The whole Church needed reform in order to be more faithful to the Gospel and more powerful in mission. The purpose wasn’t just to return to the purity of early Christianity but to proclaim the Gospel in ways appropriate to the current times which were different from times past. Both reform and innovation were needed – reform to restore what had been lost and innovation to discover new ways of proclaiming the Gospel now.
This was what Pope John XXIII meant when he spoke of aggiornamento at the Second Vatican Council. He intended a reform that would enable a new evangelisation. The reform would have one eye firmly fixed on the ways of early Christianity and the other eye no less firmly fixed on the reality of now.
At the heart of the Council’s teaching was a vision of the synodality of the Church, which was also central to the recent Synods on marriage and the family. When Pope Francis spoke at the last Synod about the synodality of the Church, he saw it as something applying to all of the Church all of the time, not just some of the bishops some of the time. He went on to say that a synodal Church has to be a listening Church, a people journeying with ears wide open.
It has to be a Church listening above all to the voice of the Holy Spirit who speaks in ways that need to be discerned. Part of that discernment is patience, waiting for the Spirit to speak from the silence. Then it requires understanding of what we hear, because the Spirit doesn’t always speak in ways we expect or grasp immediately. Finally, it calls for obedience, a willingness to act on what we hear, even if it seems strange or too demanding.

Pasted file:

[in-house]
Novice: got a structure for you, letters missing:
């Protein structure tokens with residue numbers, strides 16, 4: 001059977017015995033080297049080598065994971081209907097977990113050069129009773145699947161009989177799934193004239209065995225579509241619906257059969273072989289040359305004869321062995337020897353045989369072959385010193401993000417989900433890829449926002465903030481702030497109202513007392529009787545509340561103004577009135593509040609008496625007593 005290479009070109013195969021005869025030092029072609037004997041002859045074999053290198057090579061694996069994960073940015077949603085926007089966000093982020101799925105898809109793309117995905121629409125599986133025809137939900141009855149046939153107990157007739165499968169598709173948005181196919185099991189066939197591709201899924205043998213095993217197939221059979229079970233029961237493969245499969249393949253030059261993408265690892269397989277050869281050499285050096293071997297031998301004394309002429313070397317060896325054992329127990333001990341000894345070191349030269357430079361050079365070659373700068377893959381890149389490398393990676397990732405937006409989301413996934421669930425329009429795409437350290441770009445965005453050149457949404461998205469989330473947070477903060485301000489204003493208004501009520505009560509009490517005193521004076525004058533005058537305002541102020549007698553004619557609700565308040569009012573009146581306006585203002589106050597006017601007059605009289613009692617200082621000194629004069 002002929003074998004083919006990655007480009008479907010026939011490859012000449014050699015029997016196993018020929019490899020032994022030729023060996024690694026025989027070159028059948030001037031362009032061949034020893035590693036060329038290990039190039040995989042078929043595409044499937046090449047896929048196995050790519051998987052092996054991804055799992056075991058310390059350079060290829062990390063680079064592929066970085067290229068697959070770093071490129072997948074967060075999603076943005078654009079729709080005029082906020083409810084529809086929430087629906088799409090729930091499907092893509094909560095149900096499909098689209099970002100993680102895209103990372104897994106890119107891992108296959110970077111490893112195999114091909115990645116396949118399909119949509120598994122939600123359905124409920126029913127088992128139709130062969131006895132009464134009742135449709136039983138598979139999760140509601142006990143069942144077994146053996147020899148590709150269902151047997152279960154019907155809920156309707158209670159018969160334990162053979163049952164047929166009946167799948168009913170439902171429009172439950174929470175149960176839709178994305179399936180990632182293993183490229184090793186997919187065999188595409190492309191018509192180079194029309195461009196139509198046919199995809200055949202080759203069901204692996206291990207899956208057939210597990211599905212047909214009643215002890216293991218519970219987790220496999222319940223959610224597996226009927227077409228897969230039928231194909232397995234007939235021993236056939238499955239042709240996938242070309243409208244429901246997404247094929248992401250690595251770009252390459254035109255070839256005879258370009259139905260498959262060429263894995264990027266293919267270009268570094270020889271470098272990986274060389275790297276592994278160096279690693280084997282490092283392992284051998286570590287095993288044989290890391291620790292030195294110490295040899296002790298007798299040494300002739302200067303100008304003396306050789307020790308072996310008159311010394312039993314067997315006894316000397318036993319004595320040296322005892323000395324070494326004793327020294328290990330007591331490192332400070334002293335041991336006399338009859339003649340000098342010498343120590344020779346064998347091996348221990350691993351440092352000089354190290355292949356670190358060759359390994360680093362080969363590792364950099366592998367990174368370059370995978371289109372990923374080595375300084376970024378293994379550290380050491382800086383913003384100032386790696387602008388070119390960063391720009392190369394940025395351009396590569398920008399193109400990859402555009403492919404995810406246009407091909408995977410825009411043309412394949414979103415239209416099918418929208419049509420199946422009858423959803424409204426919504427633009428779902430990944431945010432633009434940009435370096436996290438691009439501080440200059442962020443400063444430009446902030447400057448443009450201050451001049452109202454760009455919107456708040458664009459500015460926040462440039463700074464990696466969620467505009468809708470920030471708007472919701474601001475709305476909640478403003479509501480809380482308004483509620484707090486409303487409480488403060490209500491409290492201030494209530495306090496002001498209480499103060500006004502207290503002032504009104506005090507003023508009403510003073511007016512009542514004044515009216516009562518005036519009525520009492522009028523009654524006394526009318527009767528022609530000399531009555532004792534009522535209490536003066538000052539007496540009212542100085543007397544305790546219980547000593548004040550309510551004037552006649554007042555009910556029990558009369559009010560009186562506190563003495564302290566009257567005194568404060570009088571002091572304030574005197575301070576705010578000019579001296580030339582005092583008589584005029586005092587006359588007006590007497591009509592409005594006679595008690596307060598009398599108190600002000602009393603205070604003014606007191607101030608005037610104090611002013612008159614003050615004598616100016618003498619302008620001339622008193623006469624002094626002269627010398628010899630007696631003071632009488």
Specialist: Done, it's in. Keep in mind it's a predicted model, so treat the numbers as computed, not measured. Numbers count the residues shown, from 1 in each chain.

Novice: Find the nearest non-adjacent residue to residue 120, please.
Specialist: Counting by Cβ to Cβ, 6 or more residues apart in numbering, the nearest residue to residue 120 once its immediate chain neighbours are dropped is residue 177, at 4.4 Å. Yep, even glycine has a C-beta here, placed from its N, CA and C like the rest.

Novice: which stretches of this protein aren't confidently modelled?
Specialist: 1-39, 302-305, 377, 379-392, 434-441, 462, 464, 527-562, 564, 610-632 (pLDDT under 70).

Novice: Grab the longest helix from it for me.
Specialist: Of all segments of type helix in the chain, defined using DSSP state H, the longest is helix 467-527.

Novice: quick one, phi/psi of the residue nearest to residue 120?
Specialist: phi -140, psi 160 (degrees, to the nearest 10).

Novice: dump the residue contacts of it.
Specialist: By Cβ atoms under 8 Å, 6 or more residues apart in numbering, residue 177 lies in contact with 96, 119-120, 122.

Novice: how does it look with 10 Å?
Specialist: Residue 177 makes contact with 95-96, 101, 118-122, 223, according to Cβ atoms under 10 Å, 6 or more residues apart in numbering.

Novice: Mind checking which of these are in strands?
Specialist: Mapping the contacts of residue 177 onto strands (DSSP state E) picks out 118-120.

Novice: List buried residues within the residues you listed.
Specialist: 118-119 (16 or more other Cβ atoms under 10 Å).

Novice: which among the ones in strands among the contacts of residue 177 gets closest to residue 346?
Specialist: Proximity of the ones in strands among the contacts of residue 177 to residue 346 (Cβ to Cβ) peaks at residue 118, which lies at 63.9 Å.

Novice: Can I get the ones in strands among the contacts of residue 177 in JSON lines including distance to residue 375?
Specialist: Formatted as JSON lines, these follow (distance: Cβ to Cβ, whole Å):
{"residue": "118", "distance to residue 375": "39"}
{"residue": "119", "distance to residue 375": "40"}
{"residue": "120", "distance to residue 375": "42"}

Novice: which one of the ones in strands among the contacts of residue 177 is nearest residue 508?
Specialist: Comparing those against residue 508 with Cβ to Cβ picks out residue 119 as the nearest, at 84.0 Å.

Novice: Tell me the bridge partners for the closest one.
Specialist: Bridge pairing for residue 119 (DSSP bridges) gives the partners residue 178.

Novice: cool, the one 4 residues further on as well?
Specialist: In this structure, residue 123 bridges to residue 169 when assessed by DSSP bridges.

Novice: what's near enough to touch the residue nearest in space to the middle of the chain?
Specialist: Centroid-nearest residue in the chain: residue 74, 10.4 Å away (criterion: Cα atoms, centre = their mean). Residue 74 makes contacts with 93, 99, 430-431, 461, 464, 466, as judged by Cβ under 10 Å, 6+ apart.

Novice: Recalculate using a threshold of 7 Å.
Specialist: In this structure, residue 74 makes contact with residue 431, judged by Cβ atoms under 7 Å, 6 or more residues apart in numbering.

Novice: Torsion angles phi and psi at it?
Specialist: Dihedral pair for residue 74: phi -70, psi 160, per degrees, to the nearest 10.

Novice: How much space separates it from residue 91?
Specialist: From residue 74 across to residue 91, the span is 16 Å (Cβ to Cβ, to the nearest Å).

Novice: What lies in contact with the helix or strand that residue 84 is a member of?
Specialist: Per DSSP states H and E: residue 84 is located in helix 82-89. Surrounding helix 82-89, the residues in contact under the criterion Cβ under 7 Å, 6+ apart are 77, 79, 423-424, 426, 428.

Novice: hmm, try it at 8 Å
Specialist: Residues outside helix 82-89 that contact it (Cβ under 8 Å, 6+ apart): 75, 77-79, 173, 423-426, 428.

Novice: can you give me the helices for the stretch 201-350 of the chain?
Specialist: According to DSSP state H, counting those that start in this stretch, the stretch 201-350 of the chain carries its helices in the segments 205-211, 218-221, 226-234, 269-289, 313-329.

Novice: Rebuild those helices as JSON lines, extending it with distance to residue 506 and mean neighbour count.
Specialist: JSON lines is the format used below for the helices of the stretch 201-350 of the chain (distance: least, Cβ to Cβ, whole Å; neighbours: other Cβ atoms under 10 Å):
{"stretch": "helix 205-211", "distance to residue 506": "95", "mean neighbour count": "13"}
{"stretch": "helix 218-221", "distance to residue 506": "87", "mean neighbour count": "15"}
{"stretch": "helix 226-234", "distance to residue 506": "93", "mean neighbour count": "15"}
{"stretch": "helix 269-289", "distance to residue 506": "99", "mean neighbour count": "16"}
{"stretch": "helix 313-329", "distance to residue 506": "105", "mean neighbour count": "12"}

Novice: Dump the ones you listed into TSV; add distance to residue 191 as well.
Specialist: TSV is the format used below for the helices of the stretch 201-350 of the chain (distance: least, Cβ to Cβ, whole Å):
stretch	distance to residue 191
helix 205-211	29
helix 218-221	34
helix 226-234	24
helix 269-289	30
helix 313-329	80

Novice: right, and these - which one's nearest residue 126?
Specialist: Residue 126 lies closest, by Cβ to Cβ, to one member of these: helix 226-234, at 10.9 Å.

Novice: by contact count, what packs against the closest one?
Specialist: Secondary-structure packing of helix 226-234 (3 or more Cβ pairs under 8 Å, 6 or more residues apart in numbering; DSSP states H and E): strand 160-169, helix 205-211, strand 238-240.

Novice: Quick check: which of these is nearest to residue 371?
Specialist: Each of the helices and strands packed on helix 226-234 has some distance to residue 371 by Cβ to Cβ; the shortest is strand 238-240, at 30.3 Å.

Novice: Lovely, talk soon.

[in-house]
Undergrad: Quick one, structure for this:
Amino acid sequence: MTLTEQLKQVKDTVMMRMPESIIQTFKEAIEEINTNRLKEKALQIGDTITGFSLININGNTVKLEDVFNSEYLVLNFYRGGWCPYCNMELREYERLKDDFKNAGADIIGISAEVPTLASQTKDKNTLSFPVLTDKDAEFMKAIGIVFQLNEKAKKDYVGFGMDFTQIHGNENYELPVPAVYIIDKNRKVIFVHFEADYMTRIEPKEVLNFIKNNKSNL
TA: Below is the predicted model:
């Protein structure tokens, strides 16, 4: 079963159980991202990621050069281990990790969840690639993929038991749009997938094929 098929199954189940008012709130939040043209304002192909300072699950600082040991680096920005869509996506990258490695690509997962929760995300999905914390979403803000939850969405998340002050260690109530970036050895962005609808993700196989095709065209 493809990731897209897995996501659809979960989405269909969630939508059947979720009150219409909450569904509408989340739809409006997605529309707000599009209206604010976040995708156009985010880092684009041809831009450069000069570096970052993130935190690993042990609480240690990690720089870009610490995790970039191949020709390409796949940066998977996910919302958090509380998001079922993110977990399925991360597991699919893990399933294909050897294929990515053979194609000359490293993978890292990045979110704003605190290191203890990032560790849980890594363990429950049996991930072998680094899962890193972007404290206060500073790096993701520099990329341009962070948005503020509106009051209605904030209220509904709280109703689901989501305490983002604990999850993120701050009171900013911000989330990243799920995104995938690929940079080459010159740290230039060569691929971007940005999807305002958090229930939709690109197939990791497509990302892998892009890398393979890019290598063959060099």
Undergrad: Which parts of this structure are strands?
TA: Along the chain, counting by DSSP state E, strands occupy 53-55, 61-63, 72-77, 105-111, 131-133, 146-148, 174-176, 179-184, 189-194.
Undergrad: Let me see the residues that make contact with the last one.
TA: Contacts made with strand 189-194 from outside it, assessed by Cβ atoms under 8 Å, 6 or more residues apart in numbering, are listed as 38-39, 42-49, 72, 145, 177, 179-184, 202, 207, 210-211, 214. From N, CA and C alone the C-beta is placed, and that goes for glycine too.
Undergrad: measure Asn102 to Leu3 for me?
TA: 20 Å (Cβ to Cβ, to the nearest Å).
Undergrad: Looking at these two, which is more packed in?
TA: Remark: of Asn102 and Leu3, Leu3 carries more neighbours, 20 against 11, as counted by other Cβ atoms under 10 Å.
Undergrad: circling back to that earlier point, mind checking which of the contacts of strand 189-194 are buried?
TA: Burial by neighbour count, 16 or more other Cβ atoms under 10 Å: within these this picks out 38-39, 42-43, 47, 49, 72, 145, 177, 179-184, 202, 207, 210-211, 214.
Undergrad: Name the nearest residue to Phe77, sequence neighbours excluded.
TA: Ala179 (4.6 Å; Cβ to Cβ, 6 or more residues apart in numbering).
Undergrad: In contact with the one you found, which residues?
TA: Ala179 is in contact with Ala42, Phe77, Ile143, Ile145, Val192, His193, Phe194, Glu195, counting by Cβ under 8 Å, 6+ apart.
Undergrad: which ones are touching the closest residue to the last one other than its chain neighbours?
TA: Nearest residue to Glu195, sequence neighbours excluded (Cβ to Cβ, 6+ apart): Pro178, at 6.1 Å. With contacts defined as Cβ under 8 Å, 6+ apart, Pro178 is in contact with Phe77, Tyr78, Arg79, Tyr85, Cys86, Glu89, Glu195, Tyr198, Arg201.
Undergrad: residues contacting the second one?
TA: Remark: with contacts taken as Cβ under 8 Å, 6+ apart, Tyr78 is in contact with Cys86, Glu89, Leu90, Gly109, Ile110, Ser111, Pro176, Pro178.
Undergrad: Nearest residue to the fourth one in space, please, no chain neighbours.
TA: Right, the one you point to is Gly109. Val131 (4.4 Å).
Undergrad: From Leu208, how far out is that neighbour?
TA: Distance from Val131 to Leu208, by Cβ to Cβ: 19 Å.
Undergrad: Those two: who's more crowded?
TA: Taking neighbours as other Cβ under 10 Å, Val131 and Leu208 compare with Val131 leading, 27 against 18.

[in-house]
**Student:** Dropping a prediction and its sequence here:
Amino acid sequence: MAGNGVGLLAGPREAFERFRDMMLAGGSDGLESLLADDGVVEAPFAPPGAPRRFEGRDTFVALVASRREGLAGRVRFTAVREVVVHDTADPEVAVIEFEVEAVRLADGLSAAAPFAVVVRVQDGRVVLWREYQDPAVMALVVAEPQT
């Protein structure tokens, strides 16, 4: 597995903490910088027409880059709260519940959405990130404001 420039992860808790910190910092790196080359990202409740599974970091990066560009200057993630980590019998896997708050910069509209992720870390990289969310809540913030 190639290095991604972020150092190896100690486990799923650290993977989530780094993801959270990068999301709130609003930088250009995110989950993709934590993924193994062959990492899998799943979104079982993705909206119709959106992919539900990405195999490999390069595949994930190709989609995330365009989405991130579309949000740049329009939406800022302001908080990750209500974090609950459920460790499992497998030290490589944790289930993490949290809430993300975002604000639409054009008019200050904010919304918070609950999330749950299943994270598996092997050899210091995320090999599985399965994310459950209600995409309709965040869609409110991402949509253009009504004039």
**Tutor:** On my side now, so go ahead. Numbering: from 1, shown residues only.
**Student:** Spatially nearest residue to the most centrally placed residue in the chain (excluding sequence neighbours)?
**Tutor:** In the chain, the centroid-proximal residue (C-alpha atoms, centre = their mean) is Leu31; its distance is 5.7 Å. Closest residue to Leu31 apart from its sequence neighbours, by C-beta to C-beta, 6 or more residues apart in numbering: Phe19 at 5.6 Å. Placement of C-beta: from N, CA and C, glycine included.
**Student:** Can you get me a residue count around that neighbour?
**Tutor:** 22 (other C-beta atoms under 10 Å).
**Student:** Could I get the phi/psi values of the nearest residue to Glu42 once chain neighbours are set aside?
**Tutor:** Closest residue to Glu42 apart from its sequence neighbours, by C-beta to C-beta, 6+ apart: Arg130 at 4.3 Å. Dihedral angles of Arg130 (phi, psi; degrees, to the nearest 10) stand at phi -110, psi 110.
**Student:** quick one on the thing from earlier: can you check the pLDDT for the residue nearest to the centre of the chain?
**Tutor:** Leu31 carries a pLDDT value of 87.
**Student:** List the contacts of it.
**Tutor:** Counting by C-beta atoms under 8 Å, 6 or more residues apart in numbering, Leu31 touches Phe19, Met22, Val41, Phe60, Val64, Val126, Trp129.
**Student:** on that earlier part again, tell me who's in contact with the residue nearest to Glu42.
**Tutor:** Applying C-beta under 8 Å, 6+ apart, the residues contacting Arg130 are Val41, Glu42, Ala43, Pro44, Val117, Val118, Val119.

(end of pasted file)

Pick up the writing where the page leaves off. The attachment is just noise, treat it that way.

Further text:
We must also listen anew to each other, aware that the Spirit doesn’t always speak through the people we expect. The Spirit doesn’t always speak through the leaders, but may speak through the least, those who inhabit not the centre but the periphery. The Spirit may speak through people with a different accent or from a different culture, people who can be hard to understand and who leave us asking what it is they’re really saying. The Spirit may speak through people whom we find difficult or with whom we disagree, but to whom we need to listen if we really are journeying together.
The Church must also learn more of what it means to listen to the voice of the world, without ever becoming worldly – indeed to listen to the voice of the world in order not to become worldly. The world can certainly learn from the Church, but so too the Church can learn from the world. The prime dialogue is between God and the world, not God and the Church. God has a Church for the sake of the world. That’s why the dialogue between the Church and the world – with the mutuality it implies – really does matter. If the Church can’t listen to the world, to its deepest groanings, then it’s unlikely that we’ll be listening to the real God.
Lent traditionally urges the three disciplines of prayer, fasting and almsgiving. Each of these looks to the mercy of God. In prayer, we open the ears of the heart to hear the voice of infinite mercy; in fasting, we free the body from its cravings to allow the spirit to find what it truly desires, which is mercy; and in almsgiving we show to others the mercy God has shown to us. The disciplines of Lent are all about liberation – from all that makes us and the world merciless.
In this Jubilee Year, may the ancient disciplines join with our pilgrimages of mercy to open us anew to the God who sees sin but sees so much more, the God who opens up for us new visions of possibility, visions of infinite mercy and therefore of infinite hope. Such visions enable true reform and innovation, both personal and communal. The door is wide open: let’s walk through it together on the way to Easter.